Leonardo da Vinci used to throw paint filled sponges at walls and then force himself to make sense out of the resulting irregular shapes in relation to a problem he was interested in. For example: he might be thinking about transportation and say "well this looks like a horse drawing a carriage ..." and then use it as a basis to come up with new ideas. By forcing his brain to make connections between totally unrelated things it enhanced his creativity (or at least that was the intention.)What comes to mind for this Hacker News Simulator is the modern equivalent of da Vinci's sponges: an ink blot which you can use to come up with completely new and novel ideas by forcing unexpected connections. And because the topics here are in some way related to hacker news the result could be filling in enough blanks to produce something newsworthy (i.e. an actual good idea instead of a garbled markov chain.)

 For a while I ran a Markov chain blog poster that drew on my own notes and posts on a site I ran for a while. A phrase in one of those posts ("Only a matter of seeing simple data structures and designing lightweight tools that can cross the galaxy") actually led to a chain of association that has spawned a five-year research thread. This technique can actually work.
 That's really interesting, hadn't heard that before. A big difference here though is that the software is making (the appearance of) very specific logical connections itself -- with the ink sponges, you're creating a vague image that is open to human interpretation.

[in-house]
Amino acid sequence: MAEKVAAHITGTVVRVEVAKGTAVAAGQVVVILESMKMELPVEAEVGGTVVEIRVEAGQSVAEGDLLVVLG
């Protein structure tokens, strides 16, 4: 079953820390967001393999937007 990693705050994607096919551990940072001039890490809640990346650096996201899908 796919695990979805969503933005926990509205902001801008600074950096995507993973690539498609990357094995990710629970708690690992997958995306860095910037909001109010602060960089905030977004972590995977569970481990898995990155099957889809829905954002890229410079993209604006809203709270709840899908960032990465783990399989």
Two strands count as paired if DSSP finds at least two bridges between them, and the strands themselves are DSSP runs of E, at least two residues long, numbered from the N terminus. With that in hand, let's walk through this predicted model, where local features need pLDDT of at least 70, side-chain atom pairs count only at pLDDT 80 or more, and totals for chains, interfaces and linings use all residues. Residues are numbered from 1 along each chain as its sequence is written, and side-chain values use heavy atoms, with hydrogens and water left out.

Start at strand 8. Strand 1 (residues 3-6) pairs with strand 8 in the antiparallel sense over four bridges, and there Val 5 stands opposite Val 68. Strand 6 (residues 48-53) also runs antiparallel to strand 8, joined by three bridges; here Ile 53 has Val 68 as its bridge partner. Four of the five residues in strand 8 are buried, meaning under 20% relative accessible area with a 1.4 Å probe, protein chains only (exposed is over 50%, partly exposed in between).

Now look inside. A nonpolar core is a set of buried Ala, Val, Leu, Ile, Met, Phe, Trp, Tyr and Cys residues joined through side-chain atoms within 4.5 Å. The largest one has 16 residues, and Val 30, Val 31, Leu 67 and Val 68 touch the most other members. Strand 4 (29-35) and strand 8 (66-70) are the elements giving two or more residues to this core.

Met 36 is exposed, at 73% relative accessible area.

Some of the software-generated "logical connections" are not quite logical though, and require a little massaging/tweaking (human interpretation) in order to make sense. This process can result in interesting new logical connections.
 Is that da Vinci method a bit like interpreting I Ching hexagrams? Put some randomness in, add some constraints, and interpret it to your current context. Should be a similar creativity enhancer.
 Kind of off topic, but I have been looking at I Ching hexagrams as design patterns for life. Each hexagram represents a state you can be in. You can transition from one state to any other state, but there are consequences. The consequences are described in the transitions of the moving lines.To make the most sense of this, it helps to read Richard Wilhelm's translation and annotations of the I Ching. If you don't read German, then Cary Banes's translation of Wilhelm's translation is pretty much the only one out there. Unfortunately still under copyright (ha ha... on 5000 year old document). But it is widely pirated on the web.I often wonder if the random "predictions" of the I Ching were originally just a way of studying. There are 4096 different transitions to look at, and approaching them systematically would be painful in the extreme.I've spend some time to see if the transitions actually make sense and from what I can tell, they do (modulus my ability to fool myself into seeing reason in things that have no actual reason). I wish I had enough patience to actually study it ;-)
 Any LdV biography you could recommend?
 "The Science of Leonardo" by Fritjof Capra is easy to read and a good intro. Martin Kemp's "Leonardo da Vinci" is a bit scattered but has great visuals. But most interesting is Leonardo's own "Notebooks."

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